Customers ordering TV service may be current users of broadcast TV only, cable or satellite TV. Most users today will be streaming video from the internet, called OTT (over the top.) Users who get their TV signals over the Internet using devices like ROKU, Apple TV, Chromecast, or smart Interconnected TVs. Connections for TV may be made using the customer's current CATV/satellite cable or running coax cable for the TV. OTT users will connect over the Internet, generally using WiFi but may use an Ethernet cable.

Installing Cable And Hardware

Drop Cable

The final cable to the customer premises is called the drop cable. This connection may be aerial, underground in conduit or direct-buried through the customer's yard.

Aerial cable may be self-supporting or lashed to a messenger other cables (CATV coax or telephone) that come into the house. The cable must be properly supported and anchored at the house to withstand typical weather conditions (wind, rain, ice and snow.) In some homes, entering through the attic and going down inside walls may be the least disruptive installation.

FTTH aerial drop
Aerial drop with prefab drop cable connections

Underground conduit to pull the cable to the house may be available in developments that planned for FTTH already or other cable may be pulled out of existing conduit and replaced by the fiber optic drop cable.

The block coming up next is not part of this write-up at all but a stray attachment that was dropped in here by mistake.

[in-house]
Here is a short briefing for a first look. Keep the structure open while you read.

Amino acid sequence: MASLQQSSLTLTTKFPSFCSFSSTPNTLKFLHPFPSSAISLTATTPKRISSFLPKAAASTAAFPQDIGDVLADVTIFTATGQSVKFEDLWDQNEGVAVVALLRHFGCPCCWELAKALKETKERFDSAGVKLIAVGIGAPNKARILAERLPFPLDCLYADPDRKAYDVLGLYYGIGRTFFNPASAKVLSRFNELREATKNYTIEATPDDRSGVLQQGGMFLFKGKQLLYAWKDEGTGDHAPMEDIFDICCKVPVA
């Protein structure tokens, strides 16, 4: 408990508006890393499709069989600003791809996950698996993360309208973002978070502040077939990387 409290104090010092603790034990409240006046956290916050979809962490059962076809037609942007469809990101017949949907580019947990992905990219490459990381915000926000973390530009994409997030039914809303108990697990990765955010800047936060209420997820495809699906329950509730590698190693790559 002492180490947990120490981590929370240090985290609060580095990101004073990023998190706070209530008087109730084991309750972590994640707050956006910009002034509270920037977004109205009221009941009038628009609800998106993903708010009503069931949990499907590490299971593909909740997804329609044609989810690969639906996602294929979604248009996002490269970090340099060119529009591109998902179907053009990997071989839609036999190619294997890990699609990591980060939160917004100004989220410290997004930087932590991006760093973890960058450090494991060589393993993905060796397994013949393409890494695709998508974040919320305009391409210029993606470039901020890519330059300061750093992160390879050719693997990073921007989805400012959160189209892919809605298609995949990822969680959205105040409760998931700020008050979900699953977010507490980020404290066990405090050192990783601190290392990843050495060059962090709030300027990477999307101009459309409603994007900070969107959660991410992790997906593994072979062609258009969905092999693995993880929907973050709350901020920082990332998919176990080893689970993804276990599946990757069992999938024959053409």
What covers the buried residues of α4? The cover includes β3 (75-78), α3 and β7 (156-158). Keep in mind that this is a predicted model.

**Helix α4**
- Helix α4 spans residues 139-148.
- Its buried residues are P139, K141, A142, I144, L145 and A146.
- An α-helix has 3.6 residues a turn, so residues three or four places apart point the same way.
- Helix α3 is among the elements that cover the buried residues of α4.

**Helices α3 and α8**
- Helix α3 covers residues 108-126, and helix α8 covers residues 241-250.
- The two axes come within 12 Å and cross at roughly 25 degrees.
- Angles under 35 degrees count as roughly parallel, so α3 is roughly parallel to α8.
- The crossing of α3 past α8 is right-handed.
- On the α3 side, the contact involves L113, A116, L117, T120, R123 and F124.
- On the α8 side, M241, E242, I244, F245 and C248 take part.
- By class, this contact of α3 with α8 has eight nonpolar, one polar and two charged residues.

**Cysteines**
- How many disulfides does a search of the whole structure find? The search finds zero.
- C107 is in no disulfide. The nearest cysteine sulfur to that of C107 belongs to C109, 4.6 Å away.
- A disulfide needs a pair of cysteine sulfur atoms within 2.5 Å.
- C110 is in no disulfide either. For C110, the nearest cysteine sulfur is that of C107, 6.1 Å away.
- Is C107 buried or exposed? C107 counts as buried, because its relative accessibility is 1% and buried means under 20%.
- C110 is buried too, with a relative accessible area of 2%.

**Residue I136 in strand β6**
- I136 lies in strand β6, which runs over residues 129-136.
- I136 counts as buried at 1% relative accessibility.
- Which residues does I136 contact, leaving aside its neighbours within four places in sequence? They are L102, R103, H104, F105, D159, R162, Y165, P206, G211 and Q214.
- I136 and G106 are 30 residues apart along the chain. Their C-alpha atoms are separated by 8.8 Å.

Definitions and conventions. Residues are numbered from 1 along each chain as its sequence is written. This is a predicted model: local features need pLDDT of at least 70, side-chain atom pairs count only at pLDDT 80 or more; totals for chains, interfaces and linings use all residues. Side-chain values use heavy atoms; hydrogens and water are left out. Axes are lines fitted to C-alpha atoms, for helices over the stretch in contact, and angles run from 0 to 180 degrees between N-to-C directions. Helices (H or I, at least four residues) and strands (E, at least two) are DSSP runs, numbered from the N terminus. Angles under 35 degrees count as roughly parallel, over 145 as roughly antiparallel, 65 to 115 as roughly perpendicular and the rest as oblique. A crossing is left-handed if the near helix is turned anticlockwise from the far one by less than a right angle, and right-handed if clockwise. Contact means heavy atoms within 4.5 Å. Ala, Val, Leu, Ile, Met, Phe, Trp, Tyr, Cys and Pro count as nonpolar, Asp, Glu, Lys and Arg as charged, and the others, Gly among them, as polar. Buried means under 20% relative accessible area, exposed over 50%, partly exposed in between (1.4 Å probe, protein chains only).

FTTH underground drop
drop with prefab drop cable connections

If the cable needs to be buried in the customer lawn, the installer or installation crew needs to work with the customer to find an acceptable route and locate services coming to the house first to prevent digging up current services. Buried cable requires more time and (especially) care to minimize the damage to the customer's lawn. Often running alongside a driveway or walk helps minimize damage.

All installations require cable(s) to enter the house at some point. The installer should try to find locations where current services enter the house and use those locations as they are generally more accessible and acceptable to the customer. Where cables enter the house or where the ONT is installed outdoors must be protected and sealed to prevent moisture (or creatures) entering the house.

Drop cables may be pre-terminated and ready to connect to the ONT or require connections on the ONT end and splicing or connecting on the service provider end. The method will generally be chosen by the service provider based on their assessment of the best and fastest method of installation. Installers must be trained in the proper splicing and termination processes to be used in the installation.